Rocker: I saw the stuff you’re playing on your radio show – what would you call it, stuff you’ve always been a fan of or stuff you’re discovering now?


Andy: I’d say 90 percent of it is stuff that I grew up listening to as a kid and stuff that I love, and I want to expose it to maybe some young people who haven’t heard some of these great records, and the trouble I’ve had since I made the move over to America is that there are so many radio channels, so many new bands, it’s hard to keep up with what’s going on, so I just retreat into my turtle shell and my safety zone and play stuff that I know and love. I know I need to push myself a little more.  I’m sure there are some great new bands out there, I just need to find them.


Rocker: Tonight you’re going to be playing for a lot of kids. Is that the usual turnout? What people come see you?


Andy: I don’t know, because it depends on who’s DJing with me, how I’ve been promoted. You never can tell. I may be playing to a lot of young kids who probably hate what I play, but we’ll see!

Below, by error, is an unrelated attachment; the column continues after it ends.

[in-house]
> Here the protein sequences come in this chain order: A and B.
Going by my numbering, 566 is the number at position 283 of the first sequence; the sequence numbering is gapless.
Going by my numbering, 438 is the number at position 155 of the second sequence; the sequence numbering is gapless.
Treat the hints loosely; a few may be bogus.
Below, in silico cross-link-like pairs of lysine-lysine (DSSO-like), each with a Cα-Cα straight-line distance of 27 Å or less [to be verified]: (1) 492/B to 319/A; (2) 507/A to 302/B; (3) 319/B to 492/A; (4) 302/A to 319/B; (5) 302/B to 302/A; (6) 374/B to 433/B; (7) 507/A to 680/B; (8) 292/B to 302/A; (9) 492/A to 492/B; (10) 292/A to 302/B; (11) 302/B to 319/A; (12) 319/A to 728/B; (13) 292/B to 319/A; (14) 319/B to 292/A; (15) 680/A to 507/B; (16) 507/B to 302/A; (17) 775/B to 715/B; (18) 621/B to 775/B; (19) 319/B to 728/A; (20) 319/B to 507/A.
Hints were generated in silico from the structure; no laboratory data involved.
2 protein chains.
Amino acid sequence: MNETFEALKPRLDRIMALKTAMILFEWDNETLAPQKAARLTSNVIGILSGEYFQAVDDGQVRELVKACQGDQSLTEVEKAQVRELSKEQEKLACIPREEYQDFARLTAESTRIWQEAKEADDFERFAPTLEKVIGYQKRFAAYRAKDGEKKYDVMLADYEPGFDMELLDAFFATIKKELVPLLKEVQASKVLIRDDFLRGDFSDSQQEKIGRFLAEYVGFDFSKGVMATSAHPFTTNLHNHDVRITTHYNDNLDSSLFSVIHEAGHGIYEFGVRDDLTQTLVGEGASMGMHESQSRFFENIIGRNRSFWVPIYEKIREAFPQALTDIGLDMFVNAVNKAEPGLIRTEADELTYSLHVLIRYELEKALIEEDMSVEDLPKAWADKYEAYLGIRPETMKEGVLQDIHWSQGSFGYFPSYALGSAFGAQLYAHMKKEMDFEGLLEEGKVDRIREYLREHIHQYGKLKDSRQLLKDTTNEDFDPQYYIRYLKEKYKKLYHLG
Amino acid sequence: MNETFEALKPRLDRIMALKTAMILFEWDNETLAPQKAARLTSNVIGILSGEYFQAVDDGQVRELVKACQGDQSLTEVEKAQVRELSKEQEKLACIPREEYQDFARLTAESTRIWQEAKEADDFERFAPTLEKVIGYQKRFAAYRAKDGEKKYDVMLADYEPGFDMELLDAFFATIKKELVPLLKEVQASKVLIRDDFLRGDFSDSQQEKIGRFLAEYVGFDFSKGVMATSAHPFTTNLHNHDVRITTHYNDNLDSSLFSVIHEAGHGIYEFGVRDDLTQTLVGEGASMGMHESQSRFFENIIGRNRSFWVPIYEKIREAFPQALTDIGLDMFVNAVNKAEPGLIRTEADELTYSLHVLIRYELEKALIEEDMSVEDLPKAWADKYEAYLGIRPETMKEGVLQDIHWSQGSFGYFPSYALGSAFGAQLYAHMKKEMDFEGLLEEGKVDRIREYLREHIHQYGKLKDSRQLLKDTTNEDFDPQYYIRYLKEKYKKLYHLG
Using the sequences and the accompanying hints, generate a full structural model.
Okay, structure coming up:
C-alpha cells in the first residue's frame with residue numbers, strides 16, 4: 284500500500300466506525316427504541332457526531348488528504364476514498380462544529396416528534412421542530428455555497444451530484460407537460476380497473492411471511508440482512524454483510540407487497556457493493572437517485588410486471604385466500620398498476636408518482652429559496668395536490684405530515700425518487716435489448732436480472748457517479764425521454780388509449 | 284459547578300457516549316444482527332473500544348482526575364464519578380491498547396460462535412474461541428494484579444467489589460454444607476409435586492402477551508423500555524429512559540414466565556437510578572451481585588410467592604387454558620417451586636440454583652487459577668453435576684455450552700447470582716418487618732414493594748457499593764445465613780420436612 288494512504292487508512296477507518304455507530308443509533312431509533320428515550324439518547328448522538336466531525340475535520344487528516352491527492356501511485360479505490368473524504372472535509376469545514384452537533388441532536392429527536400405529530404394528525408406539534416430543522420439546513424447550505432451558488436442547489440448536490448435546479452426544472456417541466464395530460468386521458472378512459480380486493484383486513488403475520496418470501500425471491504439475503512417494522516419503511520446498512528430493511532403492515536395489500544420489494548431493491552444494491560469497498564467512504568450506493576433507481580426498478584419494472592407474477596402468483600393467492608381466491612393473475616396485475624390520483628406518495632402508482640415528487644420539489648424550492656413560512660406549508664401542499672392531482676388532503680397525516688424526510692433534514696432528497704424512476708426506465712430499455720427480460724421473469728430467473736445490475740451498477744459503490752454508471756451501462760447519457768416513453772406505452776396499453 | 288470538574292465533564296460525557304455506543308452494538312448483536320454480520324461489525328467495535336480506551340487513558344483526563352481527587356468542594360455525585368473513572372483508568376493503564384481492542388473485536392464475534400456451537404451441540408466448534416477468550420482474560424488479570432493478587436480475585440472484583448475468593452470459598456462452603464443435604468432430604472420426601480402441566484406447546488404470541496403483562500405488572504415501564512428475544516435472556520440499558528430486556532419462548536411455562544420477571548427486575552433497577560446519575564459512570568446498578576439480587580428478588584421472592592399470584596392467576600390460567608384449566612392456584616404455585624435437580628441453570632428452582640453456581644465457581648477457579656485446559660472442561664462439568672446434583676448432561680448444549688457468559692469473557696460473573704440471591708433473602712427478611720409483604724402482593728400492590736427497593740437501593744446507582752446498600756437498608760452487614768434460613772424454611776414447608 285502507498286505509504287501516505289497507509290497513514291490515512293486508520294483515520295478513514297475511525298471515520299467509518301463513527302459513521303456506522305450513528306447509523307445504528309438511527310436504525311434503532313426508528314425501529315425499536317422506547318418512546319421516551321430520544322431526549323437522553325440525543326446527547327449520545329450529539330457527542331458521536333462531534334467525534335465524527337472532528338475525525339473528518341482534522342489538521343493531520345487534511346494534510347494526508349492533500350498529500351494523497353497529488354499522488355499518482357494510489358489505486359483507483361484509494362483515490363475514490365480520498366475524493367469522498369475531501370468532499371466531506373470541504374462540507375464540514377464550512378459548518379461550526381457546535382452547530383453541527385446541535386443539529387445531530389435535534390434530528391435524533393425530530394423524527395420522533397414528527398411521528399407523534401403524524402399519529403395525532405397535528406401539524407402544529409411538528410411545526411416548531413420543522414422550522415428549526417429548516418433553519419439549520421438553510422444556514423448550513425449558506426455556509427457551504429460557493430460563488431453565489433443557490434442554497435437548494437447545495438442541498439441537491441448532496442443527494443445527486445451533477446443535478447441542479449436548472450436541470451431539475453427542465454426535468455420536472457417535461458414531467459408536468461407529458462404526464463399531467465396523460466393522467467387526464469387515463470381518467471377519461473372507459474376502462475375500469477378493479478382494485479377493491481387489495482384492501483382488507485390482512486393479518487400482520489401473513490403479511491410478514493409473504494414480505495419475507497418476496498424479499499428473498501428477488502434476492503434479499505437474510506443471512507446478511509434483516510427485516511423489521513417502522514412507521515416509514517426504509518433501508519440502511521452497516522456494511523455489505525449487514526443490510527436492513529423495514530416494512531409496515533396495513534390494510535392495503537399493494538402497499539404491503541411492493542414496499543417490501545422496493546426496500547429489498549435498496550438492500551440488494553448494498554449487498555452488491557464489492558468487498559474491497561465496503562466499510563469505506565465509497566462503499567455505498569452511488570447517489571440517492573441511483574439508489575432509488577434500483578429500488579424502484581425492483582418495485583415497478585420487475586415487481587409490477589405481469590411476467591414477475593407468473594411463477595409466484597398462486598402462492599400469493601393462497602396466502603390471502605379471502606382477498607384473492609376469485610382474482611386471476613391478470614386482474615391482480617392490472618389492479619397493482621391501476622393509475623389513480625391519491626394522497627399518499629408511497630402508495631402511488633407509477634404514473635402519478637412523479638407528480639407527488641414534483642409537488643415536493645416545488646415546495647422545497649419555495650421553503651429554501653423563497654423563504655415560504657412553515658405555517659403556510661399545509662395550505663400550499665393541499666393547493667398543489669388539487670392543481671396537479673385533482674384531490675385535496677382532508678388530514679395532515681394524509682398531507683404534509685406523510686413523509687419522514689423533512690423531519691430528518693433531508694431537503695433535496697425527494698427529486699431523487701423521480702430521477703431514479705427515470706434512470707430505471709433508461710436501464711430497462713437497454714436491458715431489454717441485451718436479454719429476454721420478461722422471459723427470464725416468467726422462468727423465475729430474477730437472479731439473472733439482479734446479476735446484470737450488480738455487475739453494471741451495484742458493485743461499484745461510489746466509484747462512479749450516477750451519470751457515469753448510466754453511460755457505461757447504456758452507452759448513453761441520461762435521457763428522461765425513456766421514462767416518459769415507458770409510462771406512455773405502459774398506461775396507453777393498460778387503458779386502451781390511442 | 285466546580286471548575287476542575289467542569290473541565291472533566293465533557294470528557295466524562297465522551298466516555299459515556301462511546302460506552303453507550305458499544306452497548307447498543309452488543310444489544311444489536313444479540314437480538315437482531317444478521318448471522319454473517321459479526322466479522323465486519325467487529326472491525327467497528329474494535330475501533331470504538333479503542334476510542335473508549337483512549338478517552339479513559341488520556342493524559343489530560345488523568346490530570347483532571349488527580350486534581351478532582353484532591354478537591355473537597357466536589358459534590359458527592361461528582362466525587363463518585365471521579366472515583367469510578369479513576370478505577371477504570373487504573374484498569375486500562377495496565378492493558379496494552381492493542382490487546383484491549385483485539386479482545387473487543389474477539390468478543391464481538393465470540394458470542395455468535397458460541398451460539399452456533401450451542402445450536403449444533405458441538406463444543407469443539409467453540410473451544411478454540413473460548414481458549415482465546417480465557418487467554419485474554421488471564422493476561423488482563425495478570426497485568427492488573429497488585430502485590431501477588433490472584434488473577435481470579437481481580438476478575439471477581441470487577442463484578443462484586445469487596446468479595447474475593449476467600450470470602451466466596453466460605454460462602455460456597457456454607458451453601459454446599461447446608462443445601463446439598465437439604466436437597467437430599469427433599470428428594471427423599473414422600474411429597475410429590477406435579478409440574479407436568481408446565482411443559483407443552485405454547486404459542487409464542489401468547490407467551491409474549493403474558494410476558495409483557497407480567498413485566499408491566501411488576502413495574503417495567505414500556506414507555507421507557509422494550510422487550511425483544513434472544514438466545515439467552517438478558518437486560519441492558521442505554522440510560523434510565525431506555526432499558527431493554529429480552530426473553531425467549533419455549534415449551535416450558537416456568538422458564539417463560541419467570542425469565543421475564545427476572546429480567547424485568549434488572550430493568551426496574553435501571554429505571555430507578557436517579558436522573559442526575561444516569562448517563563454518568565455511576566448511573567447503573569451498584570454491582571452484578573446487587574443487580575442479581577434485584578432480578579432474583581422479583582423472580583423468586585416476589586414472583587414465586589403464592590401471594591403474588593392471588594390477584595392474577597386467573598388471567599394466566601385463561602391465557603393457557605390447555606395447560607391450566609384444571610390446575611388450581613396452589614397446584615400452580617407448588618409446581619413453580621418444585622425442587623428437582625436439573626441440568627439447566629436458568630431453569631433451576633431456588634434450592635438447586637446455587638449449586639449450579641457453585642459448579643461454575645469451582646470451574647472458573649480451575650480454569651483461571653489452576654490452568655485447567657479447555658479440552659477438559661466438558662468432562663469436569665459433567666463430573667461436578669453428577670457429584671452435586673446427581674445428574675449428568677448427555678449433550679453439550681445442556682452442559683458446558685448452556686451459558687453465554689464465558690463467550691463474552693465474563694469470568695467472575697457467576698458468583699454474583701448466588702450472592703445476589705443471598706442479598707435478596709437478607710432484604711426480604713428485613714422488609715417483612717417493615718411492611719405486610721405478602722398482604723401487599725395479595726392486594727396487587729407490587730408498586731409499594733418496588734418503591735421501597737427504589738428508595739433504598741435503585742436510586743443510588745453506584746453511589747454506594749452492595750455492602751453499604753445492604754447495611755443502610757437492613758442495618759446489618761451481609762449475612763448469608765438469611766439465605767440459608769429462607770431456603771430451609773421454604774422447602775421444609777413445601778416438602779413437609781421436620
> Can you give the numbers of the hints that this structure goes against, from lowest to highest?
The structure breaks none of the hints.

Rocker: You’re going to school them then?


Andy: Yeah, I feel like a teacher, it’s an education for these kids, and I’m playing great music. I believe I have good taste.


Rocker: I see kids do retro nights and make missteps. Do you have a philosophy about what you won’t play?


Andy: I suppose what I play is just stuff that I like. It’s kind of the soundtrack to my life, and I like it, and if they don’t get it, they don’t get it.  But I think it should be interesting for people to hear musicians play the soundtrack to their lives.


Rocker: It’s from your heart, then.


Andy: Yeah, I go with my feeling, go with the gut.


Rocker: I see you’re not shy about playing the Smiths in a set.


Andy: I’m a little bit shy, I usually play one or two, because I think it’s kind of expected of me. It’s not like I play a Smiths set when I DJ, I think usually I play one or two maximum over a two-hour period, eight minutes over two hours, I don’t think that’s excessive.


Rocker: Do you feel you have to play it, or do you want to?


Andy: Not that I have to, but if a Smiths fan has paid $15 to come see me DJ, then I I’ll play a Smiths song for them, but also I actually like to hear it loud, through some big speakers, because my apartment, I can’t play the music so loud, so it’s nice to hear it blasting out.


Rocker: You’ve also been doing some remixing work lately. Do you think your experience as a musician gives you a unique spin on remixing?